Aneurysmal Subarachnoid Hemorrhage in a 68-Year-old Hyperglycemic Female Patient: Case Report and Literature Review
Background: While hyperglycemia is intimately associated with uncontrolled diabetes mellitus (DM), recent clinical studies have demonstrated that hyperglycemia is also present in the early acute phase of stroke and is associated with poor prognosis and increased long-term mortality. About half of patients with acute hemorrhagic stroke also present with hyperglycemia upon admission. But more than 50% of patients with acute hemorrhagic stroke develop hyperglycemia even without a previous history of DM. This sheds new light on the relationship between DM, hyperglycemia, and hemorrhagic stroke, with a pathophysiology that is perhaps more profound than is conventionally understood.
The Case: We report a case of a 68-year-old female, with a history of DM Type 2 and stage 3 hypertension who presents to the emergency room (ER) at the Western Regional Hospital in Belmopan City, Belize, with hemorrhagic stroke and hyperglycemia. Diffuse subarachnoid hemorrhage was found in the frontal, temporal, and parietal regions. Mild intraventricular hemorrhage was also observed in the frontal horns and basal cisterns. And small areas of intraparenchymal hemorrhage were present in the frontal lobes. The patient was stabilized and treated conservatively with calcium channel blockers, and diuretics.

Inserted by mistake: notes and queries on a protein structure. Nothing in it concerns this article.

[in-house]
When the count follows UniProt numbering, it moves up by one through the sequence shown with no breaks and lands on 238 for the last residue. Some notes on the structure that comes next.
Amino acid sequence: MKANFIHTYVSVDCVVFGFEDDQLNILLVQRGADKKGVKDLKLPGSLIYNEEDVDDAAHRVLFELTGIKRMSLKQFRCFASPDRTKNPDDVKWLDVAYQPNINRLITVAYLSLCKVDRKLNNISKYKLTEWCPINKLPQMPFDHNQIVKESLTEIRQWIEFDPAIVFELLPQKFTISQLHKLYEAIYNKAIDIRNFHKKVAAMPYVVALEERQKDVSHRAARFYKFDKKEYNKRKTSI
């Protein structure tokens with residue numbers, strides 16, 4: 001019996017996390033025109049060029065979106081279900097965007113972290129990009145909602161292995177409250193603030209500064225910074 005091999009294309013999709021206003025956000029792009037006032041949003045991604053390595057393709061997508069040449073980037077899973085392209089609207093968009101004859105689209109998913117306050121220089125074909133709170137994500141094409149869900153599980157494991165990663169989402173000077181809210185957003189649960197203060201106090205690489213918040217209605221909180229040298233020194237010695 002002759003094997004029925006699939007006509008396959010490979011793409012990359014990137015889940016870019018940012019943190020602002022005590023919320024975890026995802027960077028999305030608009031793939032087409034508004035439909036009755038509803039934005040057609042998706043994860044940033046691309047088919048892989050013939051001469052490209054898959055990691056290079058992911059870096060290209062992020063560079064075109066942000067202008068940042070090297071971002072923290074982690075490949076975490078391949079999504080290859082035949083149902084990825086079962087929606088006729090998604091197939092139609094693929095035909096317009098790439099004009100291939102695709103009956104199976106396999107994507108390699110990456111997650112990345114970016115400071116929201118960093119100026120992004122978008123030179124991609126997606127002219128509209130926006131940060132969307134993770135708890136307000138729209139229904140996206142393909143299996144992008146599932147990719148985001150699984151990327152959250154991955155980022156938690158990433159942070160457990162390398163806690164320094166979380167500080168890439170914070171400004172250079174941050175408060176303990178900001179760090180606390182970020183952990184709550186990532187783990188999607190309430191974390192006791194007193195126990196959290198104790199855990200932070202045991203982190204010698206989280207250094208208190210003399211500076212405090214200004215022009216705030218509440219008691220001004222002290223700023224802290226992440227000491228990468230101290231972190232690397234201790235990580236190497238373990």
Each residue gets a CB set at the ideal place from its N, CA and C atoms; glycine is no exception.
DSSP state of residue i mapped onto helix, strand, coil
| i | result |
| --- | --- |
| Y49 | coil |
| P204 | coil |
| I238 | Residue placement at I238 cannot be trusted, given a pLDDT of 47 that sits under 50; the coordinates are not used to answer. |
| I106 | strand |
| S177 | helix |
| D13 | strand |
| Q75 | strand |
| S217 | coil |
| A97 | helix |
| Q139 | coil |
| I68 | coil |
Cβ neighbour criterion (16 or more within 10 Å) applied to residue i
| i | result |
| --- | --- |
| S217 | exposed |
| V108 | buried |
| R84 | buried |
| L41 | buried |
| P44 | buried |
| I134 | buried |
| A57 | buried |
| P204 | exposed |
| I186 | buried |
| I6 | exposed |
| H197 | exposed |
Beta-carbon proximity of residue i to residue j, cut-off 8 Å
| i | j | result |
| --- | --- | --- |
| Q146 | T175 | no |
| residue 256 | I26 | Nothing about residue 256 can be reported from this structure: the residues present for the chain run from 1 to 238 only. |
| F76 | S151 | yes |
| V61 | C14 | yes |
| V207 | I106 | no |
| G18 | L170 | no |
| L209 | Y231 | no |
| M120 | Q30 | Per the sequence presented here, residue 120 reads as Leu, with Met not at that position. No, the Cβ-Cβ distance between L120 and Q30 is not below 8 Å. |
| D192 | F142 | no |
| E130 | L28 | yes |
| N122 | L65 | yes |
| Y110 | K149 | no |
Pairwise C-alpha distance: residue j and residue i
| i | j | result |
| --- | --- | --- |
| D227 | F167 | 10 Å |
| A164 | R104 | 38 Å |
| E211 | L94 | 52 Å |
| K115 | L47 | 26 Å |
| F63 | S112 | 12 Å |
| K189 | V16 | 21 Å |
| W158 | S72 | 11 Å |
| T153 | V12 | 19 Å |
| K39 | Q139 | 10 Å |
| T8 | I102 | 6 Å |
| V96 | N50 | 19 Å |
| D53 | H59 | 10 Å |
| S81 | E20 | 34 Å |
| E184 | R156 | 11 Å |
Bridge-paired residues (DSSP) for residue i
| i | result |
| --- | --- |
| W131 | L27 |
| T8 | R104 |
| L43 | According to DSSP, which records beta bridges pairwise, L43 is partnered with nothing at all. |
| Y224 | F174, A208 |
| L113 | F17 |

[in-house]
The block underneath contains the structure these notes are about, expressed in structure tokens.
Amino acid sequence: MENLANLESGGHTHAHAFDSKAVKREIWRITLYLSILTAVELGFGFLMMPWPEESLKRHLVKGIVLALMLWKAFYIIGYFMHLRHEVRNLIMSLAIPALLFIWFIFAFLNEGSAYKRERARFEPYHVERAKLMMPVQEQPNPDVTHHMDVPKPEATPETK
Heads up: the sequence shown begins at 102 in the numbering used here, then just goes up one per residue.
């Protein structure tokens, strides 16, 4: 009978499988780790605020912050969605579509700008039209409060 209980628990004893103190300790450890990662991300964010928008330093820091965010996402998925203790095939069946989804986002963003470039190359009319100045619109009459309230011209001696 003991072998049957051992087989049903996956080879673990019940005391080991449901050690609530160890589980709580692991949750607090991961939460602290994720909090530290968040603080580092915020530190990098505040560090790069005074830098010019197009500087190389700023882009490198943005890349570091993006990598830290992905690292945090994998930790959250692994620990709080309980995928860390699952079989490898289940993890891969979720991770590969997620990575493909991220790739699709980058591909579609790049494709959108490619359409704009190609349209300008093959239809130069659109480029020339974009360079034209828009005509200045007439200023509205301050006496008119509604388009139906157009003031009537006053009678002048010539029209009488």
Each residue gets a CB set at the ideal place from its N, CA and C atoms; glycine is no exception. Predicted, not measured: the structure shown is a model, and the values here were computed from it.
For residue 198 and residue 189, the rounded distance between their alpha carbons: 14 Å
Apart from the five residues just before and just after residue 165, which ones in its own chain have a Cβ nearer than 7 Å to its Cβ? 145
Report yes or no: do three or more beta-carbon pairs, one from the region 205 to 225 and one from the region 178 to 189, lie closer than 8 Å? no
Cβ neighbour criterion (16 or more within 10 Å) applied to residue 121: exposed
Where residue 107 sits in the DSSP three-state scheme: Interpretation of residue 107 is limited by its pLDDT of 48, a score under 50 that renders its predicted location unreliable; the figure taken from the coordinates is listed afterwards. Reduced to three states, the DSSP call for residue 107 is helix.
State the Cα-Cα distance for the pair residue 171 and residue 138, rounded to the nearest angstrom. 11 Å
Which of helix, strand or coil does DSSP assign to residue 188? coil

Conclusion: Despite a unifying consensus that is still pending, maintaining glucose levels between 110-120 mg/dl by using continuous insulin infusions after traumatic brain injury or aneurysmal subarachnoid hemorrhage may carry some clinical benefit with slightly improved outcome.
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